You can see in these photos below. This Orchid we bought from the store and re-potted the same day. Already had a fungus growing in the roots and the roots were rotting.

Step 3: Choose the right Pot and Soil

Orchid Pots come in two varieties. A wood basket or ceramic pot with holes all around it. They love lots of air around their roots. This is why the baskets or pots with holes are necessary and help keep air moving throughout the roots. There is less chance of root decay when the roots have more air moving around them and not too much water.

There is no such thing as “orchid soil”. Because, they can’t survive in soil. What you want to look for is “Orchid Bark” which is a potting mix they love. The bark allows for nutrients to get to the roots without suffocating the plant’s roots. The bark has a lot of gaps where air can continue to circulate. This bark will help hold in just enough water for the orchid to survive but not excess water that can cause the roots to rot.

When you see the new roots pushing up and out of your pot or basket. This is when you know it’s a good idea to replant it into a bigger pot and replace with new potting medium/orchid bark. This may happen every 1-2 years. Depends on the growth of your plant.

All of your Orchid Potting supplies in one place!!!!

Watering and Fertilizing Tips:


Orchids absorb their water from the high humidity environment around them. They are good plants to have outside in warm humid climates. 

Another way to mimic the humid environment for those who don’t live in that, is having your Orchid in your bathroom. They will love the warm humid steam daily that mimics their natural environment.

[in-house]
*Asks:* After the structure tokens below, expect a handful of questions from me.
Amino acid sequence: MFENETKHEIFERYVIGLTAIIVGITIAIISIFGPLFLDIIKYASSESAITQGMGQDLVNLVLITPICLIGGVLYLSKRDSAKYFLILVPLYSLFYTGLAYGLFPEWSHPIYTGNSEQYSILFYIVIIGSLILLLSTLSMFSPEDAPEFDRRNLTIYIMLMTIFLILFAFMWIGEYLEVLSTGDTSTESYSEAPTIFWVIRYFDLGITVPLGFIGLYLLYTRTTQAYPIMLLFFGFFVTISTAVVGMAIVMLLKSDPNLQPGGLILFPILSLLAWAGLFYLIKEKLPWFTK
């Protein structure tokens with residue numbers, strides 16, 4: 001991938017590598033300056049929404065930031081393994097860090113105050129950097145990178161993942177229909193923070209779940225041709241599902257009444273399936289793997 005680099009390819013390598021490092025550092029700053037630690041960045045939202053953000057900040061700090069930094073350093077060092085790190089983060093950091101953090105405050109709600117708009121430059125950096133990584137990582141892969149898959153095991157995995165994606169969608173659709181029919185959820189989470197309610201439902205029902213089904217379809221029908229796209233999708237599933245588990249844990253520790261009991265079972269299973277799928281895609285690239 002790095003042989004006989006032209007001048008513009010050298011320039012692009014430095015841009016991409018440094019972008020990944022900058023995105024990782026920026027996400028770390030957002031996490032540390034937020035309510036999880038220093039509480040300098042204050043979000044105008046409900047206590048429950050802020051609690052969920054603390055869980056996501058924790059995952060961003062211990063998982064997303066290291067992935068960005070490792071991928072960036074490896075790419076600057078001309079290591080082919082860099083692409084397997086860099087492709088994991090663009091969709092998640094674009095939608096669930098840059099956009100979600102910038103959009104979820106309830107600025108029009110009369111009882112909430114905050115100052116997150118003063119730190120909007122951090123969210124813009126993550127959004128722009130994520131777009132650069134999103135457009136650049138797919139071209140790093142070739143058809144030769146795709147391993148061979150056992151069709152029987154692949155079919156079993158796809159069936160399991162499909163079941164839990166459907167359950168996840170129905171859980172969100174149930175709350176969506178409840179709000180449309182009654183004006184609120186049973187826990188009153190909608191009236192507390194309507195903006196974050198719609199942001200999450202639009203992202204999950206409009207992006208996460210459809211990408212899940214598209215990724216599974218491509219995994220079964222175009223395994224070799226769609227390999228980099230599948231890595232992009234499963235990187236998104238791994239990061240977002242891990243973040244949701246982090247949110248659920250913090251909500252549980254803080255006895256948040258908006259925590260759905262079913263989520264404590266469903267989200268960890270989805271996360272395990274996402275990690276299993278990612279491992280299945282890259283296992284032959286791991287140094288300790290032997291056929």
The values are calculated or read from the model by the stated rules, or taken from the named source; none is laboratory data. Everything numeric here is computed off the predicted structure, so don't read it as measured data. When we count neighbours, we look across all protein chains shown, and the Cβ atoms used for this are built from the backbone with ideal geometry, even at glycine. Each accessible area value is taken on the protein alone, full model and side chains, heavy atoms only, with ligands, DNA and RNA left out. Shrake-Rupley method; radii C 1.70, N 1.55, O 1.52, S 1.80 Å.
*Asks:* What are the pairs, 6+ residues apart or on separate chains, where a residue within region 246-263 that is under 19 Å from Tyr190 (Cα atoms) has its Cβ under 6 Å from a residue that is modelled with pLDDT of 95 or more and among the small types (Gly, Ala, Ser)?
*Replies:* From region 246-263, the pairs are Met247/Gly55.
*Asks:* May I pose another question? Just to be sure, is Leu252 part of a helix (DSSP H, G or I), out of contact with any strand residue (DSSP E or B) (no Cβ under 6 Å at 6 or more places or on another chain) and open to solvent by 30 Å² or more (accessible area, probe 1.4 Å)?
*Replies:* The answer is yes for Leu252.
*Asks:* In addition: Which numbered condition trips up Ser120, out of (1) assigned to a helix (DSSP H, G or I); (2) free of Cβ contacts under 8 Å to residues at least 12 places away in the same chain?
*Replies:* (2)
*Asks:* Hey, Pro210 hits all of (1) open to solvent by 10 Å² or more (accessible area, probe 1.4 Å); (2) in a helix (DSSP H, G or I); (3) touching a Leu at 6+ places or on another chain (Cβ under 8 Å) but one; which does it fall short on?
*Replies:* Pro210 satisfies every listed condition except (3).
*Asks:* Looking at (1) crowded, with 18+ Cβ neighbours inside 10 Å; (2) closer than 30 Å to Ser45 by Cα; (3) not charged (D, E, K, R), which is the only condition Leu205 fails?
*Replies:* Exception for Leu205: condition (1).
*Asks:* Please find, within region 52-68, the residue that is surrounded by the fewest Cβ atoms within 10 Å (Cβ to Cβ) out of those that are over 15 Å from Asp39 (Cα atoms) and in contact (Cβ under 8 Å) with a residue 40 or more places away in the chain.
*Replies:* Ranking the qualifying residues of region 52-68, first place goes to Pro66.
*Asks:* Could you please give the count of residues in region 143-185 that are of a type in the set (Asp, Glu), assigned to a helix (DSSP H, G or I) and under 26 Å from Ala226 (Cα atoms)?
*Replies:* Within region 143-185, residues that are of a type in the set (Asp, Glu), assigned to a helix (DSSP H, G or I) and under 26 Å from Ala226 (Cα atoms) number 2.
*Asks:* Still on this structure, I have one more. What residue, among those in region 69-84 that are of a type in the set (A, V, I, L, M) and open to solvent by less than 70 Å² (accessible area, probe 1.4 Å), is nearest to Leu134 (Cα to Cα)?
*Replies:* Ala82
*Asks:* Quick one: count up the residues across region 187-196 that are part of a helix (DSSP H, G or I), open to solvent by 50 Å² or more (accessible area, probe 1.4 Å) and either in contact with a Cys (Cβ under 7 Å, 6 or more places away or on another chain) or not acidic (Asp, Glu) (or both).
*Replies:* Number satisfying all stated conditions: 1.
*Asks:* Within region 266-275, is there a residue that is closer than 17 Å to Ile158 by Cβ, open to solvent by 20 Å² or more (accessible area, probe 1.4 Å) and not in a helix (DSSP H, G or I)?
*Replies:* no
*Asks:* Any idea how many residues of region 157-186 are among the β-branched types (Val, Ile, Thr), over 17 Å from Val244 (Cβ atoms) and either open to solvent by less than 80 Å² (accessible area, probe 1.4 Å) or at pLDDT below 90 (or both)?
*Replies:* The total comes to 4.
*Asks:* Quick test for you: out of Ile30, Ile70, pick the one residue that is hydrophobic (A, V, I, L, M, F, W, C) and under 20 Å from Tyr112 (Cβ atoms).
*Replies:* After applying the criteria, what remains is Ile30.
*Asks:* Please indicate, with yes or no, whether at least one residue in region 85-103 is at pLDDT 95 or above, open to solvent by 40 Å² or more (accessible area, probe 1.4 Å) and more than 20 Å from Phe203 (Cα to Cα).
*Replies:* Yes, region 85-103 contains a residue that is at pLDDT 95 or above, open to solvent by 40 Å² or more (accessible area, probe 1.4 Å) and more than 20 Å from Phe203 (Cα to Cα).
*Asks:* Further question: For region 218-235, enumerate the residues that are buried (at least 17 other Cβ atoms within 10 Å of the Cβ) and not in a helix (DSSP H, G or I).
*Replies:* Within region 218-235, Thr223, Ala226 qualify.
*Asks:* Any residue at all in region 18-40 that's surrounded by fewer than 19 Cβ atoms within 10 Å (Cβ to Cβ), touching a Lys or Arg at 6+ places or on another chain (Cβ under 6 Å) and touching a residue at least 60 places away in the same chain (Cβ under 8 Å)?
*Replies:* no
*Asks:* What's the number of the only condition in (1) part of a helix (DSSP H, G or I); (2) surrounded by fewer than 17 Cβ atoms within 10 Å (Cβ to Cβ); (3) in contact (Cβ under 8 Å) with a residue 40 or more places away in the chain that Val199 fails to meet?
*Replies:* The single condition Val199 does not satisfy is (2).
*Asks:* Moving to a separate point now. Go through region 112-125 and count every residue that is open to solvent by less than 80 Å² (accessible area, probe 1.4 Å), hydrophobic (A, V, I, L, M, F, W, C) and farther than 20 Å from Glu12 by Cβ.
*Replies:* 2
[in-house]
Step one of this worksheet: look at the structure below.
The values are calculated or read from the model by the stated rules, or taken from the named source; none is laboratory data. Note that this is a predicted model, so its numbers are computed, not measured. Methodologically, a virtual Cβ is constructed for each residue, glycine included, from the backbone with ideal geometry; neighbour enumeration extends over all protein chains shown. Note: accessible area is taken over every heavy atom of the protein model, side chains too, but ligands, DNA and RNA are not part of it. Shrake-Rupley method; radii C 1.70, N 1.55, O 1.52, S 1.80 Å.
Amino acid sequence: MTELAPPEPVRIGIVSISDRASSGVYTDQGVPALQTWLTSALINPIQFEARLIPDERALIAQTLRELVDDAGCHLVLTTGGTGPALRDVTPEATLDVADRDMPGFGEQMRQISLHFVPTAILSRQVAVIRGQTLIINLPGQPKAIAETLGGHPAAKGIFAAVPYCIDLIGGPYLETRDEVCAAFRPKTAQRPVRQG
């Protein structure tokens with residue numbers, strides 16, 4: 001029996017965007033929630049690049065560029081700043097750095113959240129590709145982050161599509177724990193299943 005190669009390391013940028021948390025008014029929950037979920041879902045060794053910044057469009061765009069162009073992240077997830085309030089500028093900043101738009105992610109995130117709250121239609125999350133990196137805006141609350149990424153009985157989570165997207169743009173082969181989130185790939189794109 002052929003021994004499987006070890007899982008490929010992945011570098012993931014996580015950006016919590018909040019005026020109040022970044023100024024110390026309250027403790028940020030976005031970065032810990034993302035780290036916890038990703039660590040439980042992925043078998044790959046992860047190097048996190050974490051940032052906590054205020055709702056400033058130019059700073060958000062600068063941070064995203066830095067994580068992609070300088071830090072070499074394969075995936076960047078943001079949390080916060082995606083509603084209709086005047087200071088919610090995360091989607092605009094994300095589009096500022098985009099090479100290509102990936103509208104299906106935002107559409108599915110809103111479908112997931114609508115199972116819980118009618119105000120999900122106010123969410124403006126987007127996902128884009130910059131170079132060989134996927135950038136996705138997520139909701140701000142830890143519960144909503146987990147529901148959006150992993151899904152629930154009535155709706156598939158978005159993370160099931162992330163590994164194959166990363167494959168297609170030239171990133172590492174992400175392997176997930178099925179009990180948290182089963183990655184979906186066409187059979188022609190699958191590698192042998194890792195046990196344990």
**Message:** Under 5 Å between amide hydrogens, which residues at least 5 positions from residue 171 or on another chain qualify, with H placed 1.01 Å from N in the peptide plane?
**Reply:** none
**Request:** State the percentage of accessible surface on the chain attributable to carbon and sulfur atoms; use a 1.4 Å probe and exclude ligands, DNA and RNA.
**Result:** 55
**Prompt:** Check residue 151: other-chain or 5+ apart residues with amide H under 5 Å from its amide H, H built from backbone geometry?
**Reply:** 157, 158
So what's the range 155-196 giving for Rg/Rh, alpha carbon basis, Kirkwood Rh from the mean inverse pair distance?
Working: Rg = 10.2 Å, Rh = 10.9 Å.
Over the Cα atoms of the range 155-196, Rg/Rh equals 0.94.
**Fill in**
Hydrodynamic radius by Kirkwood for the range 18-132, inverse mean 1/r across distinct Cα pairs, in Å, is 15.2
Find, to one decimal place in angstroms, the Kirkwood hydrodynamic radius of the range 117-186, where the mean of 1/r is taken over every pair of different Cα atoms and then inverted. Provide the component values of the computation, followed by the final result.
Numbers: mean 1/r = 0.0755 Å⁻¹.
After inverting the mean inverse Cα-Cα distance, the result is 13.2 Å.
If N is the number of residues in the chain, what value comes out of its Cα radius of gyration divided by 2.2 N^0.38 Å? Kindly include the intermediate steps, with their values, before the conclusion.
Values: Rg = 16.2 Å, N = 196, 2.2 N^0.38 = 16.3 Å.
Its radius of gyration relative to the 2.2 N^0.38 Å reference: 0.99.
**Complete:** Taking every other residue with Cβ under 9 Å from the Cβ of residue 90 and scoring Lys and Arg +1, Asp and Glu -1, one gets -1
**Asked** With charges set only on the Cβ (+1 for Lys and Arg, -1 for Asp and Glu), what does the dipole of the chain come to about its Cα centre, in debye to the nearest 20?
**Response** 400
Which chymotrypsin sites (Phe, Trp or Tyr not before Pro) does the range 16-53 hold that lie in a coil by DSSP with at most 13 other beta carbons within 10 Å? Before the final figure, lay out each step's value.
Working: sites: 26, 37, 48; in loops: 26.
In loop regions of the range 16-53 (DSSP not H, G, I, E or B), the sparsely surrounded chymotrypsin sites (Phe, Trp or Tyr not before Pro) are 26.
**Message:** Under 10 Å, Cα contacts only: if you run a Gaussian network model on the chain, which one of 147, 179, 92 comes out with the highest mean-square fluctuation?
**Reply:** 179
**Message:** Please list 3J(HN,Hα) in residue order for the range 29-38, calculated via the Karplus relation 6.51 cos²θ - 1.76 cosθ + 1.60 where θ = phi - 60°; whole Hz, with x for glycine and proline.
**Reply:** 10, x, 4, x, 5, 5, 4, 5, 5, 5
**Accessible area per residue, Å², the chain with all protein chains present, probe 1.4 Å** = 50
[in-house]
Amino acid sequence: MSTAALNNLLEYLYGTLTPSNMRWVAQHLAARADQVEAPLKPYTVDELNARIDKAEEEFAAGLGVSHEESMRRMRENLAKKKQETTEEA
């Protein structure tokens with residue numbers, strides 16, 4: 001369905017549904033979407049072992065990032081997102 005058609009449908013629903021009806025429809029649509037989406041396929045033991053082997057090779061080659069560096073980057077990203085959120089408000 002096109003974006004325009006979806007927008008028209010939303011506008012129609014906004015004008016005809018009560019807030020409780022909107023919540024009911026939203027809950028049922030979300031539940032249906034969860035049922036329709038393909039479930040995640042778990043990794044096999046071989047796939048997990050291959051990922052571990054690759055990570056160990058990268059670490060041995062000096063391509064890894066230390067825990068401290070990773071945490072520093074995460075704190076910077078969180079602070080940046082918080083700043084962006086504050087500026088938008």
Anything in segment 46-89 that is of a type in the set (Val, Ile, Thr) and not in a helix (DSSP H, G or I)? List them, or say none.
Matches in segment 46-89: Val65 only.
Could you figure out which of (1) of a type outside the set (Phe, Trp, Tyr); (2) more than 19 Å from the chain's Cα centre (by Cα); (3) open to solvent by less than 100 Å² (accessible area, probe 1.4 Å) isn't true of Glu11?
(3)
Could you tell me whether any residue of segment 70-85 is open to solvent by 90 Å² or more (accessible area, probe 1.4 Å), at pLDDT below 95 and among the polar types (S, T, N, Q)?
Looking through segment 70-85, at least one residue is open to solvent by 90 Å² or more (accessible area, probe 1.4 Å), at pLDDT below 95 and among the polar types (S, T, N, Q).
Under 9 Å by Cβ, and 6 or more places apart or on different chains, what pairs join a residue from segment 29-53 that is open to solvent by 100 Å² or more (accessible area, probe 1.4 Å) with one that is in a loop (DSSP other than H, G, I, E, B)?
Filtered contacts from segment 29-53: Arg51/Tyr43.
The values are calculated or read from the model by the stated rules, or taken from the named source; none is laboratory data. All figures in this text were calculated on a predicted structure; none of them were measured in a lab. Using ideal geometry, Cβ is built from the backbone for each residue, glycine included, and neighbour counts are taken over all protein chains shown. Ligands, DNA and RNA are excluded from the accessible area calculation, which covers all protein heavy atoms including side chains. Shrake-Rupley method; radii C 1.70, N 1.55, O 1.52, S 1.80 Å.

You can also spritz them with a spray bottle of water to mimic the humidity in the air. This can be done about once a week. This can vary based on your home a/c or heat and the season. So when in doubt if it looks dry give it a spritz.


They make great easy to use liquid spray balanced fertilizer that will have a specified use protocol on it. Here are a few options that all have great reviews to help with finding one. Then just go off the bottle recommendations on how/when to give to your plant.

PRO-TIP: Know how to notice when your plant needs extra love

Most types of Orchids will bloom 1-2x a year. If your plant has been with you a year or more and isn’t producing new blooms… It means it is not healthy.

The common issues to look out for are floppy/soft and yellow leaves. This is a great indicator that your orchid is struggling and needs help.

Over the years I learned a lot about what they did and did not like. I miss living in Florida for this very reason. Growing these cool plants there was so much easier than where we live now. But, not all hope is lost if you live where it gets really cold like us. They can thrive as house plants and we hope our indoor orchid care tips help you!

We had a couple Orchids in our one bathroom that had a small window. So, if you have a bathroom that offers indirect light through a small window this is the best way to mimic their natural habitats for your Orchid to thrive.

If you don’t have a bathroom with a window, you can keep your Orchid in your bathroom and let it live there mostly. Bring it out 1-2 times a week into an area of your home that gets indirect filtered light. You will make it happy for many years to come!

Congrats you just learned from our “Orchid Care 101: Beginners Guide to Re-potting and Care” and became the Best Orchid Plant Parent! I can’t wait for your Orchid to thrive for a long time and you feel empowered taking care of it now knowing all the ins and outs there is to know! Happy Blooming!


For additional resources, check out our DIY Tutorials, offering a wealth of information to enhance your home improvement skills.


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  1. Jamellah Abraham says:

    This was so informational and useful! Thank you!